Washington’s Allies in Asia Are Getting Nervous, Too

Washington’s Allies in Asia Are Getting Nervous, Too
Then-U.S. President Donald Trump attends a meeting with then-Japanese Prime Minister Abe Shinzo at the Mar-a-Lago club, in Palm Beach, Florida, April 17, 2018 (AP photo by Pablo Martinez Monsivais).

It’s common knowledge that the possibility of a return to the White House by former U.S. President Donald Trump is sending shivers up the spines of Washington’s NATO allies. But the prospect of a second Trump presidency is also heightening anxieties among U.S. allies in Asia, which have also relied on U.S. security assurances for decades and are now wondering if they will be able to trust those promises in the years to come.

Nowhere are those concerns more urgent than in Taiwan, where officials are keeping a close eye on the war in Ukraine as a barometer of the political pressures in Washington—and a possible prelude to how the U.S. might react if China carries out its frequently threatened military move to seize the independent island it claims as its own.

Trump is not in office, but his Republican allies in Congress have already blocked a $95 billion package that contains funding for key U.S. foreign policy priorities, most of it to replenish Ukraine’s depleted weapons and ammunitions stocks. As much as the Taiwanese would also like to see the $1.9 billion tagged for their own arsenal freed up, it is the $60 billion for Ukraine that could prove more consequential in Asia’s calculations.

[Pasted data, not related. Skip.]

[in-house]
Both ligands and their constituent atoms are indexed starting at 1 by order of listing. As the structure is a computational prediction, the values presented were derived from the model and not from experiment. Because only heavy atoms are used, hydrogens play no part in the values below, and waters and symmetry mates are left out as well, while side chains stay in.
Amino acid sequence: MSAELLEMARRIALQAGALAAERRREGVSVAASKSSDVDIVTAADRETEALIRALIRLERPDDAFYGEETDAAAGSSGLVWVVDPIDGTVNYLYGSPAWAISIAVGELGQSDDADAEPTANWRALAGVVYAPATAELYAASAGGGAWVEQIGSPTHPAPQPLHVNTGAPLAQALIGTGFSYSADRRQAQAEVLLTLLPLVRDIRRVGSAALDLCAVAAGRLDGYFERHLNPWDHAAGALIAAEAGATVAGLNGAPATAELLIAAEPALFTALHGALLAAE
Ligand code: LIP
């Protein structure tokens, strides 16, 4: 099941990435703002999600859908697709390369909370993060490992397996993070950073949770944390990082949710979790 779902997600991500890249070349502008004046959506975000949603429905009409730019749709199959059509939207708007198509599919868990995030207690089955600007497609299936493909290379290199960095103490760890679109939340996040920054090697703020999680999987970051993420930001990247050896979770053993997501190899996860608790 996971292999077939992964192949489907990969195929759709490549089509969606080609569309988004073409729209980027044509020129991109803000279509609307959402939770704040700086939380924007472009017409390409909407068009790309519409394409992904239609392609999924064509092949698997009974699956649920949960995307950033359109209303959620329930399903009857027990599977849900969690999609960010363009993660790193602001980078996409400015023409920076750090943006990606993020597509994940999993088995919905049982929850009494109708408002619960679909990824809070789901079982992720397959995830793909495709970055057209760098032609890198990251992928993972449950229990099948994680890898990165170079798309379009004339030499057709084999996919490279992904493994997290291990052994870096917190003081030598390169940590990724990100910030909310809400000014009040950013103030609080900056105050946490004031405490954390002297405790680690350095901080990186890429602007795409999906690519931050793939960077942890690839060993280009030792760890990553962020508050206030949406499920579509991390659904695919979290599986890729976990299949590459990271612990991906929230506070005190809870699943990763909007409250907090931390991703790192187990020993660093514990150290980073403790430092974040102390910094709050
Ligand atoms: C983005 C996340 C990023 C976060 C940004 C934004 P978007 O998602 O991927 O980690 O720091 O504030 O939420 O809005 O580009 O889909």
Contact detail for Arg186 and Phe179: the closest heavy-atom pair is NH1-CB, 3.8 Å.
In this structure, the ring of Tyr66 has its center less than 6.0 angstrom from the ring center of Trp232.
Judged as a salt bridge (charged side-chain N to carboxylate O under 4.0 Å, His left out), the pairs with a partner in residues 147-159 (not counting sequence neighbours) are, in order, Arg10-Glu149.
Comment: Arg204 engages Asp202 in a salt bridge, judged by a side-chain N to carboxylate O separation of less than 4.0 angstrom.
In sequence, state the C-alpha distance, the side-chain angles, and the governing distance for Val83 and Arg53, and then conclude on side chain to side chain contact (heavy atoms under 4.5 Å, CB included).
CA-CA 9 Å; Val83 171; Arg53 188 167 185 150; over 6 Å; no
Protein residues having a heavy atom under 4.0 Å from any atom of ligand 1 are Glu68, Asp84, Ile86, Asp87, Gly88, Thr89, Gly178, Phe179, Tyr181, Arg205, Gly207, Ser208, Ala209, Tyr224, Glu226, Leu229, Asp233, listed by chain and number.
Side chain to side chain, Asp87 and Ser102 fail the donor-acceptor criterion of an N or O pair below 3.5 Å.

Keep reading for free!

Get instant access to the rest of this article by submitting your email address below. You'll also get access to three articles of your choice each month and our free newsletter:

Or, Subscribe now to get full access.

Already a subscriber? Log in here .

What you’ll get with an All-Access subscription to World Politics Review:

A WPR subscription is like no other resource — it’s like having a personal curator and expert analyst of global affairs news. Subscribe now, and you’ll get:

  • Immediate and instant access to the full searchable library of tens of thousands of articles.
  • Daily articles with original analysis, written by leading topic experts, delivered to you every weekday.
  • Regular in-depth articles with deep dives into important issues and countries.
  • The Daily Review email, with our take on the day’s most important news, the latest WPR analysis, what’s on our radar, and more.
  • The Weekly Review email, with quick summaries of the week’s most important coverage, and what’s to come.
  • Completely ad-free reading.

And all of this is available to you when you subscribe today.

More World Politics Review